What are your retirement plans?
Right now it is a flexible arrangement with the board. It is my understanding the board will reach out to search firms and make a decision as quickly as possible. I will stay in some form or fashion until they get that underway and feel like they are ready for naming a permanent or interim at that point. … With the passage of the bond and tax-ratification election, the district is poised to move forward. As for me, I will be joining Moak, Casey & Associates, an educational consulting firm that does accountability and financial consulting. … The plan is to live in the district for a while, though. I’ll be around.
What got you into education, and what kept you in it?
I started out as a teacher-coach and spent some great years doing that and moved through the administrative levels, assistant principal, principal and all that. All through that, my drive, my passion has been for instruction and learning and for students to experience that at a deep and profound level. That has driven me for most of my adult life.
What will you miss? What will you not miss?
I think I’m going to miss the chance to see students do all the things that they do academically and extracurricularly, and watching them grow into young adults. That’s the reason I got into education. The things that I won’t miss are dealing with things that keep us from our focus on kids learning in the classroom. The most important thing that goes on in the world every day is what happens with that teacher and that student.
You have said the A-F accountability ratings “defy logic”—what’s the alternative?
The question is and should always be: To whom are you accountable and for what? The local community is who school districts are accountable to. ... Local taxpayers pay 60 percent of the bill. The state pays less than 40 percent, so I don’t see how they have any right to be the purveyors of what is deemed a good school or bad school. ... We developed and released on our own a local accountability system because we’ve got our local system by our local people. We asked them, ‘What do you want us to do with your kids?’ And that’s what we are focused on. The focus of our local community is not anywhere close to what the state focused on.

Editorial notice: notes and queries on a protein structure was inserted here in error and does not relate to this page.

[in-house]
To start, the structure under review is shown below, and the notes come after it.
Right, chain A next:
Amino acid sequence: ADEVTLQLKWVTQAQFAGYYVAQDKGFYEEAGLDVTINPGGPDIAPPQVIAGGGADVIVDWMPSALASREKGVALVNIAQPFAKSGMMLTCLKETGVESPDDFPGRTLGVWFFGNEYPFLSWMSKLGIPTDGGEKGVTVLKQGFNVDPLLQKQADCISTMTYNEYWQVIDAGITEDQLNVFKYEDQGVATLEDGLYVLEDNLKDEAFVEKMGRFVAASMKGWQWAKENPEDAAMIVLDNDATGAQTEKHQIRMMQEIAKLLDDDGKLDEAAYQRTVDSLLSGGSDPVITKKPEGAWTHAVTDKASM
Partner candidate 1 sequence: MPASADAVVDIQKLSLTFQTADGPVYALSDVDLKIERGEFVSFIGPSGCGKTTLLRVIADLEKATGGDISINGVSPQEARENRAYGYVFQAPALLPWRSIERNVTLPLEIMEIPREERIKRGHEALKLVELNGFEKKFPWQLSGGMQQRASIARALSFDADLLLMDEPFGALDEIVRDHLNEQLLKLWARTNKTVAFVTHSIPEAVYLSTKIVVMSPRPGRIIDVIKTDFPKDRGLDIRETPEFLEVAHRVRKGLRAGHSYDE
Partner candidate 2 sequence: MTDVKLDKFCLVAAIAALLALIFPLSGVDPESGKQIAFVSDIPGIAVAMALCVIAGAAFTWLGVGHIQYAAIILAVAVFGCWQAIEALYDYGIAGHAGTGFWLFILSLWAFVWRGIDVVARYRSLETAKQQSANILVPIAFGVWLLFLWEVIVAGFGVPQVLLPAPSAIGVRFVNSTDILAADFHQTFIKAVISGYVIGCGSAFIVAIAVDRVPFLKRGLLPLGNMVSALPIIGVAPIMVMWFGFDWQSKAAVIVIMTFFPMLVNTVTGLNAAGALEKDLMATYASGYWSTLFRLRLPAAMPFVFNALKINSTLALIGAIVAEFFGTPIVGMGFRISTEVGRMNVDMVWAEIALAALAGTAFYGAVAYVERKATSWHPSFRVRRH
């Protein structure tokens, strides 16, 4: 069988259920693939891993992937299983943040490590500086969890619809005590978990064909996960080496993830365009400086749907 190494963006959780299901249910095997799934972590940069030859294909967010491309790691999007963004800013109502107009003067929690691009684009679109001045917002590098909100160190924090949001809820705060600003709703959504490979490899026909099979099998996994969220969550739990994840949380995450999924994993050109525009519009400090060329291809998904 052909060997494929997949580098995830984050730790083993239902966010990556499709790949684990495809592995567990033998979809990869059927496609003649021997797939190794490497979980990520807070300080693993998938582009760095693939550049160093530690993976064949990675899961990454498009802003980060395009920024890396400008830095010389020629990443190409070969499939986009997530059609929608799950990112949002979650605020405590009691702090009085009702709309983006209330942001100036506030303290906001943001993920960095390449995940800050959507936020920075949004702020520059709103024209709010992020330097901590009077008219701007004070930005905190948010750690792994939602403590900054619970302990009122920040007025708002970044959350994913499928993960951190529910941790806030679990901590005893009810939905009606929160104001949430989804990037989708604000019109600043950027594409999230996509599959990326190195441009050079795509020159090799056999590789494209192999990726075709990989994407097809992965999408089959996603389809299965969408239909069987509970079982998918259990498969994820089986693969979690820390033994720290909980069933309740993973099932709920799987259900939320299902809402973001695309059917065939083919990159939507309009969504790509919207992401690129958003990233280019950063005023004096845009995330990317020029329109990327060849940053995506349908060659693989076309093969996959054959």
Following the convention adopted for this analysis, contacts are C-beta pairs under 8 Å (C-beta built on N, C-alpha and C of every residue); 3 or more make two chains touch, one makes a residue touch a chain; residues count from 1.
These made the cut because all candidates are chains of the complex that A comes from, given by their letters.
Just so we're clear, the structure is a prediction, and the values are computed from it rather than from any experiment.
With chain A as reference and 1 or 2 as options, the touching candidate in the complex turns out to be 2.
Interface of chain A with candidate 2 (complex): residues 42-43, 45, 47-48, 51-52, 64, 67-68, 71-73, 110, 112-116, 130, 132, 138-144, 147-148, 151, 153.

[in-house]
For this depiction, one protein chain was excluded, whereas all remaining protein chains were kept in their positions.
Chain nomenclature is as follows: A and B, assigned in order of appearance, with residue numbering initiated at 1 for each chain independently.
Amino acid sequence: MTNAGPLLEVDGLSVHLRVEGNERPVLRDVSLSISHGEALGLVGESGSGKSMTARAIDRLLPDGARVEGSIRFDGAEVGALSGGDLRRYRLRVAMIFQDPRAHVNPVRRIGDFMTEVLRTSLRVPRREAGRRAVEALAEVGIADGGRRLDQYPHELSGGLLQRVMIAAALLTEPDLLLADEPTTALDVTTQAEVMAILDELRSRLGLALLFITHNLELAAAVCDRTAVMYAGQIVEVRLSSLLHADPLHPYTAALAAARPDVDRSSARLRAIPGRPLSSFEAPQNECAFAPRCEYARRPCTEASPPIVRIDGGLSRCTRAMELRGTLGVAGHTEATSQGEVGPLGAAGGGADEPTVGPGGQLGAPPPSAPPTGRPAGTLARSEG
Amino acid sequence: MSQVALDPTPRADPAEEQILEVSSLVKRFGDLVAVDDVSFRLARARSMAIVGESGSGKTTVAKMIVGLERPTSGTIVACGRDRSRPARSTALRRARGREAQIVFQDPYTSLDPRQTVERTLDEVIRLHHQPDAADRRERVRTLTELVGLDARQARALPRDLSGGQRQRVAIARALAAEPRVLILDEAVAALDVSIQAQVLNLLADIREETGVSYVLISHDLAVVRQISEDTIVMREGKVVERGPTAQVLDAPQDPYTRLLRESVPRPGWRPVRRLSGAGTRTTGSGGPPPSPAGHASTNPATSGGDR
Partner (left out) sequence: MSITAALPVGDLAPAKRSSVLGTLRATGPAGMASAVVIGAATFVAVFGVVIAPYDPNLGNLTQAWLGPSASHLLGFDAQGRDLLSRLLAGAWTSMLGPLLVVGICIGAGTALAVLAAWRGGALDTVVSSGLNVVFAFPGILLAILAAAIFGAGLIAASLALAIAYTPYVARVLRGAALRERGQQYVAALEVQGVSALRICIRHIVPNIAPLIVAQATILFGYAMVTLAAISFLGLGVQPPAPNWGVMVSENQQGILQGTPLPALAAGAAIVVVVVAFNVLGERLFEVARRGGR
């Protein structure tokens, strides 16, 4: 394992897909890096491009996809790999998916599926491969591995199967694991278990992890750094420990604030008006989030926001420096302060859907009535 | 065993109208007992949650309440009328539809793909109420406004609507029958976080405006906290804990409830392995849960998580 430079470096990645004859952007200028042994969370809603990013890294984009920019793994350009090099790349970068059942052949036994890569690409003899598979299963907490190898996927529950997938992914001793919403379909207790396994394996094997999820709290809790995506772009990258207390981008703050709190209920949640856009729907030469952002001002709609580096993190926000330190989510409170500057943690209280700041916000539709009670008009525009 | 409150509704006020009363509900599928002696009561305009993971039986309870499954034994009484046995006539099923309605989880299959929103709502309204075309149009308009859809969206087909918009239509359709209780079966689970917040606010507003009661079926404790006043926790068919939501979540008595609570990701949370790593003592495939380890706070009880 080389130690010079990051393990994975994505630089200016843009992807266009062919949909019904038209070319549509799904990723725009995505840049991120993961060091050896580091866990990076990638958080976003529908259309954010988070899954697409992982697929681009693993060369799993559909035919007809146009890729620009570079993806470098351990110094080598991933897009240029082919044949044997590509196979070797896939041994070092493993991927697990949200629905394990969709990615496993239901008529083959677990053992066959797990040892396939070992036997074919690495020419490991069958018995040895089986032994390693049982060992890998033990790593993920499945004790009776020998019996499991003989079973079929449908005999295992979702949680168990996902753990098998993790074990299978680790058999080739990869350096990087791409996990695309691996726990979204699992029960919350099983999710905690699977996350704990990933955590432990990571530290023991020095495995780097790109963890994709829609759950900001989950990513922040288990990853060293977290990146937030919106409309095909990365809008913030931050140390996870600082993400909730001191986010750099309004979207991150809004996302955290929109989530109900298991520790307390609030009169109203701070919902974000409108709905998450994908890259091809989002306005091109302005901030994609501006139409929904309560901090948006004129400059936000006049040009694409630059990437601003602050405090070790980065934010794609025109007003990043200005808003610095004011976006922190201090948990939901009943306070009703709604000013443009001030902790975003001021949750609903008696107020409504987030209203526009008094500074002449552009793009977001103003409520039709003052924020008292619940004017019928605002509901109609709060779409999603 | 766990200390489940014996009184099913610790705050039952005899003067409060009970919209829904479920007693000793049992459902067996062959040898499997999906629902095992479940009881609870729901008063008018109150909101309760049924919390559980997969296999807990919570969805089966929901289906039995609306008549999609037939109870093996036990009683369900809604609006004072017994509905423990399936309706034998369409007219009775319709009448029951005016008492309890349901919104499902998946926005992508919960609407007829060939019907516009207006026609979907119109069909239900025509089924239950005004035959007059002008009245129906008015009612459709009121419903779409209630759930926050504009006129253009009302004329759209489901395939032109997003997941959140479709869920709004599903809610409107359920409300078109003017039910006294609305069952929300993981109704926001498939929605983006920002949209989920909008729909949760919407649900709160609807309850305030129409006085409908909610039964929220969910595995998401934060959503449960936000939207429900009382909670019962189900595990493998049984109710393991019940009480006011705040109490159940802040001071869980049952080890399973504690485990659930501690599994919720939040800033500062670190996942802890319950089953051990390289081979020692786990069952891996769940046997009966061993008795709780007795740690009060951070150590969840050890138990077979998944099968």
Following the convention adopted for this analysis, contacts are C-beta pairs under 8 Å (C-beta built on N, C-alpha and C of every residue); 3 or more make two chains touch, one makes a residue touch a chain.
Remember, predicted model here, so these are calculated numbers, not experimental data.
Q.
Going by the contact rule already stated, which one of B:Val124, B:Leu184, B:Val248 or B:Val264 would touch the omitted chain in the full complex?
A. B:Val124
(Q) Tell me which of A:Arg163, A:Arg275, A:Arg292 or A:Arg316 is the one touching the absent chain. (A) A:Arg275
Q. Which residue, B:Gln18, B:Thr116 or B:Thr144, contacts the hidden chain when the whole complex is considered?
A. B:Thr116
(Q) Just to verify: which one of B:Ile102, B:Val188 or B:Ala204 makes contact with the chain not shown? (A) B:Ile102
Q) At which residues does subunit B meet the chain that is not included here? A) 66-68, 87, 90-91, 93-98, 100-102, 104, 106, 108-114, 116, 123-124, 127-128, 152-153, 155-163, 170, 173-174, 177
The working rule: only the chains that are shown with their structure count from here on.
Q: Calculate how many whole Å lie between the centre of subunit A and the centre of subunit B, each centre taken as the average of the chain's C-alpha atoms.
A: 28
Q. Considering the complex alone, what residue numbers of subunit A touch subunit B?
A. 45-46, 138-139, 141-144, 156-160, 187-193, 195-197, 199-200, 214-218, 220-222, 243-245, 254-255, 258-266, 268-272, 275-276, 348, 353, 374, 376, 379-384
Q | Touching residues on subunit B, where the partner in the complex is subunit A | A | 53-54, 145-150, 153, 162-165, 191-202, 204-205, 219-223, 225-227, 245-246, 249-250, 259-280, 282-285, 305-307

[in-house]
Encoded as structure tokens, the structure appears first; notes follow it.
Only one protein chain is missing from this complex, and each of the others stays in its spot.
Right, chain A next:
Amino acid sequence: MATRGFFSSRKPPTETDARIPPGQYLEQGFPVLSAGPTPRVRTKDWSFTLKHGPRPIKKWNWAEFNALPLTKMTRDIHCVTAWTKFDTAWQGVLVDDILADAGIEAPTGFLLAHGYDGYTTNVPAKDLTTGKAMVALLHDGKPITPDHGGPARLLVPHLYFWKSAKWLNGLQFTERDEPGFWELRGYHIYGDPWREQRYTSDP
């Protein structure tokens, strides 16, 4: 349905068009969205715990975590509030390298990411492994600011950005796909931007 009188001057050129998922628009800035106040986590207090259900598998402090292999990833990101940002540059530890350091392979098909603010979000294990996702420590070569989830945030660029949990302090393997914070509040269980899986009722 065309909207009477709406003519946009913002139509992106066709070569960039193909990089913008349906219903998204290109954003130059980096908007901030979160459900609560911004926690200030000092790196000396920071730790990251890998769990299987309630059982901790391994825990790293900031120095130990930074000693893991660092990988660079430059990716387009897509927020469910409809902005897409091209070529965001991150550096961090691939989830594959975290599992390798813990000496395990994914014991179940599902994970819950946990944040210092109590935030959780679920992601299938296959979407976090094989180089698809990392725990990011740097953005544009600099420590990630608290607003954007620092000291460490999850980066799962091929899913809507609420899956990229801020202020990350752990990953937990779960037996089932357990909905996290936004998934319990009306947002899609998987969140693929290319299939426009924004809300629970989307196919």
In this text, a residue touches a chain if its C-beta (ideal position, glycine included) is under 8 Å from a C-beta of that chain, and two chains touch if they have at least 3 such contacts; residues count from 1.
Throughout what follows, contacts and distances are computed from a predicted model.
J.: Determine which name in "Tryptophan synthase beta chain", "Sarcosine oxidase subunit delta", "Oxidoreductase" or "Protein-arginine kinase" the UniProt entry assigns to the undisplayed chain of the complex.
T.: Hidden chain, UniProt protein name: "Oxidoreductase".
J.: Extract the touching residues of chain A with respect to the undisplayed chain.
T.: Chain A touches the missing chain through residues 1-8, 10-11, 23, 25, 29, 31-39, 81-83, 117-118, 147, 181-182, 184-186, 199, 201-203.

What do you consider your biggest accomplishments?
We’ve expanded academic and extracurricular offerings, especially for those in advanced academics. We developed the career academy, we expanded technological training and certificates that kids can achieve. … That’s an important thing to get them ready for the next thing in their life, and we’ve increased that dramatically. Our approval rating above 90 percent with parents is an achievement. The fact that we survived historic growth is an achievement in some ways ... just staying ahead of that and not only did instruction not suffer, it thrived.
What challenges and opportunities will the next leader face?
The growth obviously is the first thing. I think for Alvin ISD in general just continuing to focus on student achievement and moving kids forward, no matter their interest, moving them to the highest level they can achieve and sending them out into the real world into whatever area they choose prepared and ready to take it on.
What message would you like to send parents, teachers and students in the district?
It’s been a privilege to share in the lives of our young people, and being entrusted with that is an honor. The job I’m moving into is still in education. I’ve had a great time helping the 26,000 students here in this district, but with the new opportunity I have, I now could have an impact on the 5.5 million across the state. Aside from that, they all know how to get in touch with me, I’m still going to be the crazy superintendent that gives out my cell number. You can call me, and I’ll answer.